March 15th, 2006

NVIDIA & iGames Partner in Charity Fundraiser for Get-Well Gamers

The Get-Well Gamers Foundation does great work. The California-based public charity is dedicated to bringing electronic entertainment to sick kids in healthcare facilities.

What's more, the organization enjoys a special place in our heart here at GamePolitics. Executive Director Ryan Sharpe is a GP regular who knows his games and pays close attention to the political scene. GP supports the Get-Well Gamers and encourages readers to open their hearts - and their PayPal accounts - in support of GWG.

So we're very pleased to learn that between now and April 16th, NVIDIA and iGames will be running their first-ever month-long charity ladder at 300 iGames and NVIDIA Game Center Alliance member centers across North America to benefit the Get-Well Gamers.
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Miami School Board Votes on Bully Resolution Today

The Miami-Dade School Board will likely give Rockstar's Bully a swirly today.

As reported earlier this week by the Miami Herald, the board is expected to vote on a resolution proposed by member Frank Bolanos which would ask Rockstar not to release the game, local merchants not to carry it and parents not to buy it.

A subcommittee unanimously approved the measure last week. If passed, Miami-Dade would be first major school system in the United States to take a stand against the controversial game.

"This game is built entirely around bullies and is staged in a school - it's the antithesis of everything we're trying to promote," said Bolanos.

The concept for such action was Jack Thompson's idea. He has indicated plans to submit the resolution to school boards around the country. The activist attorney told the Herald, "The goal is to make it such a negative thing that the retailers won't carry it. This thing hasn't really reached critical mass as a [public relations] problem yet; that's what I'm trying to do."

For its part, Rockstar offers only a written statement saying, "We all have different opinions about art and entertainment, but everyone agrees that real-life school violence is a serious issue which lacks easy answers."

Mr. Yee Goes to Washington

No, it's not a re-make of a Frank Capra film.

Assembly Speaker pro Tem Leland Yee, architect of California's contested video game law, has accepted an invitation to testify later this month before the Senate Judiciary Committee's Subcommittee on the Constitution, Civil Rights, and Property Rights.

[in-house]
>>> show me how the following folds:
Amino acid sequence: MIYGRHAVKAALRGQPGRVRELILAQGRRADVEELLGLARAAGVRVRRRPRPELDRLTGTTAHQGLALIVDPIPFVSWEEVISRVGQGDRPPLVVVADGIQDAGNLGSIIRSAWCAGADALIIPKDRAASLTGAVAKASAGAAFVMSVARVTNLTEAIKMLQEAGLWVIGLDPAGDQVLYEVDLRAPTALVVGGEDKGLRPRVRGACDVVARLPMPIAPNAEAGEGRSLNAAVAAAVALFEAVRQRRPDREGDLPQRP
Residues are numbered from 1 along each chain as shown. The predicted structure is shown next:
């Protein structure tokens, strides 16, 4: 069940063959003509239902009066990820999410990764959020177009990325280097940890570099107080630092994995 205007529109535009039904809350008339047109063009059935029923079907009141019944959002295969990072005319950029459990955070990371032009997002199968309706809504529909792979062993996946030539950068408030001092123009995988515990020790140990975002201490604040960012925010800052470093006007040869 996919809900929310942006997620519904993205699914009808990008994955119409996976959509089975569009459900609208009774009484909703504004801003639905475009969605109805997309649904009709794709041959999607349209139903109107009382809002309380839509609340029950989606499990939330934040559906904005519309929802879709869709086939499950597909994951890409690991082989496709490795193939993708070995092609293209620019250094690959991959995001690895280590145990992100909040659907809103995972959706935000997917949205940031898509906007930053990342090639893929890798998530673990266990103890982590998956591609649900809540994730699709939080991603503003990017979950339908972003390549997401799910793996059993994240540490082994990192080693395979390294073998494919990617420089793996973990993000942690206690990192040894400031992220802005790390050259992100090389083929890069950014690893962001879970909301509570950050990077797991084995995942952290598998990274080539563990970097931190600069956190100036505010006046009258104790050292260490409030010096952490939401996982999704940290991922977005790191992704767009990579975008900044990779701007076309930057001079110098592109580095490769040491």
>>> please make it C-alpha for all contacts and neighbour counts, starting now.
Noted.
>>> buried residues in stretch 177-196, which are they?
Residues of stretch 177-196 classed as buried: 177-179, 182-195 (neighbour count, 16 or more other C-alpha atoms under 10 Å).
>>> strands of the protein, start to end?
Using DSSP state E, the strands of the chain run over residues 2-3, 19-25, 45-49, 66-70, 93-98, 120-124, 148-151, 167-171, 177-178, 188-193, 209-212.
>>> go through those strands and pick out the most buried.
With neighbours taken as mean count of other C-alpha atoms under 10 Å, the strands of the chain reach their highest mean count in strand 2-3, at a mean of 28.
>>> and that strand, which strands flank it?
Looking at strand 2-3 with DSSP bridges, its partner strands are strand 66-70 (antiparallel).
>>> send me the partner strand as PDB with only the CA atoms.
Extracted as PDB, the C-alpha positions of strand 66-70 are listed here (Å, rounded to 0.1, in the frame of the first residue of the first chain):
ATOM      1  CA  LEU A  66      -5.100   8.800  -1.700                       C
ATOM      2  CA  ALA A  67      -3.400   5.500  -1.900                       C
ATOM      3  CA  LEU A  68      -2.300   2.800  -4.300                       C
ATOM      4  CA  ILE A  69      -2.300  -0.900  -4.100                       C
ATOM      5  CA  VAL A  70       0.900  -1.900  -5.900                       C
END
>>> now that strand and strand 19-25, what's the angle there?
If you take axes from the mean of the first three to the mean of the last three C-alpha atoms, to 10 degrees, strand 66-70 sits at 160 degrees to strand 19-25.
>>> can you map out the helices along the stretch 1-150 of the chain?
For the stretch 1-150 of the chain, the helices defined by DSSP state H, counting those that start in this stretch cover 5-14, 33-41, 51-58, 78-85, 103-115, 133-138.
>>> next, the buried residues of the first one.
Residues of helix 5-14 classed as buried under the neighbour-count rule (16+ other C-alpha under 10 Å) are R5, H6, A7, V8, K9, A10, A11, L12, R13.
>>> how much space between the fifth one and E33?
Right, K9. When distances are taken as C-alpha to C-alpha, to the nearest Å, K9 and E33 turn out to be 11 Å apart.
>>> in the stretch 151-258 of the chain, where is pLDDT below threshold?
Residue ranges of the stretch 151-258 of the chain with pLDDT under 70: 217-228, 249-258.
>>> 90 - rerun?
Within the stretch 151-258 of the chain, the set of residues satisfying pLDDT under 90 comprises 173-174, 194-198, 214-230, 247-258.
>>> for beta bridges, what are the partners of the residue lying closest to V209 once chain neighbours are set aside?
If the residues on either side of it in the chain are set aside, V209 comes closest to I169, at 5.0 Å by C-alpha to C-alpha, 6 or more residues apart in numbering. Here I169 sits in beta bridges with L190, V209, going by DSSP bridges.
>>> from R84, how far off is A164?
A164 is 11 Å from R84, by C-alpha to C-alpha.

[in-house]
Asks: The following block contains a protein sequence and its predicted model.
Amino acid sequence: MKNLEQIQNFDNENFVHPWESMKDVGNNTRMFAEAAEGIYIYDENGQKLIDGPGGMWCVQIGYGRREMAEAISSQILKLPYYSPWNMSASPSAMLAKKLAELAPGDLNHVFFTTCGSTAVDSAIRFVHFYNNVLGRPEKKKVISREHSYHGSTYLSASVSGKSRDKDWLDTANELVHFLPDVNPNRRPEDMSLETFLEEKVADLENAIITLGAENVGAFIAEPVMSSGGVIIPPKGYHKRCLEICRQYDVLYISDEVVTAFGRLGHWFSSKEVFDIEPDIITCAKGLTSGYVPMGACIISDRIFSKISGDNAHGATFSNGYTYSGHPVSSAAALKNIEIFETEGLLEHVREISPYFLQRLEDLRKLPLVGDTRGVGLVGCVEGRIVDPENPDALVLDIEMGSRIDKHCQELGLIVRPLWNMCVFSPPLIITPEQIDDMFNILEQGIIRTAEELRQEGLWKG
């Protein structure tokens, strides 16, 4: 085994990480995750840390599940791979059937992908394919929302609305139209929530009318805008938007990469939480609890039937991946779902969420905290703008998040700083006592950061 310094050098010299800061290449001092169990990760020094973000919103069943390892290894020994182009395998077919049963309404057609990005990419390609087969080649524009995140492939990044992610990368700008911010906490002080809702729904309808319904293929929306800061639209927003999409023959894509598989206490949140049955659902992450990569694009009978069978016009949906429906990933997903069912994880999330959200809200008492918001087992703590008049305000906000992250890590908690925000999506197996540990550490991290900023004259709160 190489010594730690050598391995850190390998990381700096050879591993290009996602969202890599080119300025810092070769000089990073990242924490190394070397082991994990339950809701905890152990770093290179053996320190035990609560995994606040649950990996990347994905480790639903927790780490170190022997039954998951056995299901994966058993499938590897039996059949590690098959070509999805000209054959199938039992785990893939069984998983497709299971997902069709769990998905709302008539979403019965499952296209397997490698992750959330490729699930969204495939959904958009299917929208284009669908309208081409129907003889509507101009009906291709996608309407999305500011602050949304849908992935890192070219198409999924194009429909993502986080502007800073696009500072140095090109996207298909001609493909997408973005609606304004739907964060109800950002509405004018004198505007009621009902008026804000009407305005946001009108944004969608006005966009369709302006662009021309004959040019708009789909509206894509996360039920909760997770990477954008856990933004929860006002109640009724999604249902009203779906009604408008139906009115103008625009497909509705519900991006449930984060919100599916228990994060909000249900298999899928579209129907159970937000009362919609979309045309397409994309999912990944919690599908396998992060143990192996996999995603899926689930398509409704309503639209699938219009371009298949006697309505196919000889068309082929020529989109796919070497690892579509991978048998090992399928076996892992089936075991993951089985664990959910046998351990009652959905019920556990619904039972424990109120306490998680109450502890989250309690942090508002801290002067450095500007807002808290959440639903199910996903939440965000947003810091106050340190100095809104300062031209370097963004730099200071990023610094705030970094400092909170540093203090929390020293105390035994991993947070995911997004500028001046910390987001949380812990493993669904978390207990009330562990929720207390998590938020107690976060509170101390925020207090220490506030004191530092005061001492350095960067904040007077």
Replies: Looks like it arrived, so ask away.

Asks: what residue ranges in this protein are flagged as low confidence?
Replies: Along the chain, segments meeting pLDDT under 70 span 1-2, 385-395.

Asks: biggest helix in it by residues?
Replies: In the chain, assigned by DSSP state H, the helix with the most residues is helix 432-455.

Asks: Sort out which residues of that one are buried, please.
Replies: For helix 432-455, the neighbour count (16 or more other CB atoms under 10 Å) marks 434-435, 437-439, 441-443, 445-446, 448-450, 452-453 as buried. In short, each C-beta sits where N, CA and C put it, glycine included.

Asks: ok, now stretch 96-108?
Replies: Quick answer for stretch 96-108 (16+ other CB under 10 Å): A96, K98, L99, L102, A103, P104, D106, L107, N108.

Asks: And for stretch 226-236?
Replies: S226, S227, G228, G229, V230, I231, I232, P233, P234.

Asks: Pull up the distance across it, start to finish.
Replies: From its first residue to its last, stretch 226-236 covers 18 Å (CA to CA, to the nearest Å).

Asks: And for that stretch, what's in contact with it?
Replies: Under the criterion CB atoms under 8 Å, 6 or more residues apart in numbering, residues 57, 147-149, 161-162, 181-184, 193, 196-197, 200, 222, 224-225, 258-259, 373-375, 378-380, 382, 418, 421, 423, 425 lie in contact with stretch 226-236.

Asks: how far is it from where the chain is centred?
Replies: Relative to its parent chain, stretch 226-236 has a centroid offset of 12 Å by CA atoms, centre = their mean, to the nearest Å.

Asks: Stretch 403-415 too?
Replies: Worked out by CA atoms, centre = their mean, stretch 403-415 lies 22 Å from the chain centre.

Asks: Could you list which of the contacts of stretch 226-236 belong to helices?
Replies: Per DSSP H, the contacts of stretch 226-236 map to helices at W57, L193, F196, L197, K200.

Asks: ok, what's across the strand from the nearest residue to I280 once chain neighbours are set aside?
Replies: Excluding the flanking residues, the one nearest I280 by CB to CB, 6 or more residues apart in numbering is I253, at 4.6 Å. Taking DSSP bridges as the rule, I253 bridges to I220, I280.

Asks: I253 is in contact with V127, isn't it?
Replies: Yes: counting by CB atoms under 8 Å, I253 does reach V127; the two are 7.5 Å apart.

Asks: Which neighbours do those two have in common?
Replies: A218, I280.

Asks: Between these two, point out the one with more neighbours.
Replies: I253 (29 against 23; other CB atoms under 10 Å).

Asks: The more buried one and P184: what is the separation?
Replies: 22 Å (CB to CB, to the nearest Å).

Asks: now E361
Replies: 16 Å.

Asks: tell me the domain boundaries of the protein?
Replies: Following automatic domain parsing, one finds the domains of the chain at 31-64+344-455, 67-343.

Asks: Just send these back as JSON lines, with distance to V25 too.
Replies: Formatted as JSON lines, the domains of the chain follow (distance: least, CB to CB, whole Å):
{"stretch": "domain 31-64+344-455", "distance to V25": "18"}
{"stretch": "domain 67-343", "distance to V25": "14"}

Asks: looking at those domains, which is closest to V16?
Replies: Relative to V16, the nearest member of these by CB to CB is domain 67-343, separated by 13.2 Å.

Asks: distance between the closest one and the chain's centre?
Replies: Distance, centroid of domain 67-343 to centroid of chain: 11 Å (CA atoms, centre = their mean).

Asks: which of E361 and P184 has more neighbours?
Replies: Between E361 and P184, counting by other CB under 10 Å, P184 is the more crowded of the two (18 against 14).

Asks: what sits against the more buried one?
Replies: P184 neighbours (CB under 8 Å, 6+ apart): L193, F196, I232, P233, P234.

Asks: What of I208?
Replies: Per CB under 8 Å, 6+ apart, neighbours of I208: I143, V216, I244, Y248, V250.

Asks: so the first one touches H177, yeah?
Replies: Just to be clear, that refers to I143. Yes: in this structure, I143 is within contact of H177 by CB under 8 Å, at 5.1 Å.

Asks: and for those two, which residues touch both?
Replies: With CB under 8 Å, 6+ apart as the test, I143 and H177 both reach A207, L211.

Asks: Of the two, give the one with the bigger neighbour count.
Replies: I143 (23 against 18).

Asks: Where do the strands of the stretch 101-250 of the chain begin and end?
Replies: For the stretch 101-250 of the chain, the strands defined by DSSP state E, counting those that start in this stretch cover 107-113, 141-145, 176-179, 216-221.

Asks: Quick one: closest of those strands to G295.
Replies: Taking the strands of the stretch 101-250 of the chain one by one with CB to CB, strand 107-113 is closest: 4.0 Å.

Yee was asked to appear by Senators Russ Feingold (D-WI) and Sam Brownback (R-KS). The hearing, listed as "State Regulation of Violent Video Games and the First Amendment," will feature a variety of nationally recognized political, legal and medical figures.

"I look forward to working with Congress as they examine legislation to protect children and families," said Yee. "Clearly, violent video games have become a national issue and I applaud Congress for taking a serious look at ways we can help parents raise healthier kids."

In addition to Brownback (Chair) and Feingold (Ranking Minority Member), the Subcommittee consists of Senators Dianne Feinstein (D-CA), Ted Kennedy (D-MA), Richard Durbin (D-IL), Arlen Specter (R-PA), Lindsey Graham (R-SC ), John Cornyn (R-TX), and Tom Coburn (R-OK).

The hearing is scheduled to take place on March 29, 2006.

Miami School Board Waters Down Thompson's Bully Bill

The Miami-Dade School Board today passed what the Miami Herald describes as a "watered-down" version of the resolution against Rockstar's upcoming Bully (screen shot at left). The idea for the school board to take action against the game was originally proposed by our old pal Jack Thompson.

Board member Frank Bolanos, the school board member who officially sponsored the resolution, described Bully as "violence of the worst kind."

GP: Based on that comment, it's clear Bolanos has never played Postal 2...

The original language in the resolution called for local retailers not to carry the game and parents not to buy it for their children. However amendments added during today's vote substantially weakened the resolution's bite.

As passed, the resolution urges retailers not to sell Bully to minors (so, simply follow the ESRB ratings, then) and directed the school district to distribute information to parents on "on the potential harmful effects to children of playing interactive video games containing violence."

Local student Alexander Robel opposed the school board resolution in any fashion, comparing it to censorship of controversial literature such as Catcher in the Rye .

"We have never hurt other students," Robel said. "It is no surprise to me that the school board in my very own county would fall into the trap of pointing fingers and assigning blame."

GP: Tough break for Jack's anti-game crusade when he can't get the full-strength version of the resolution passed in his own backyard.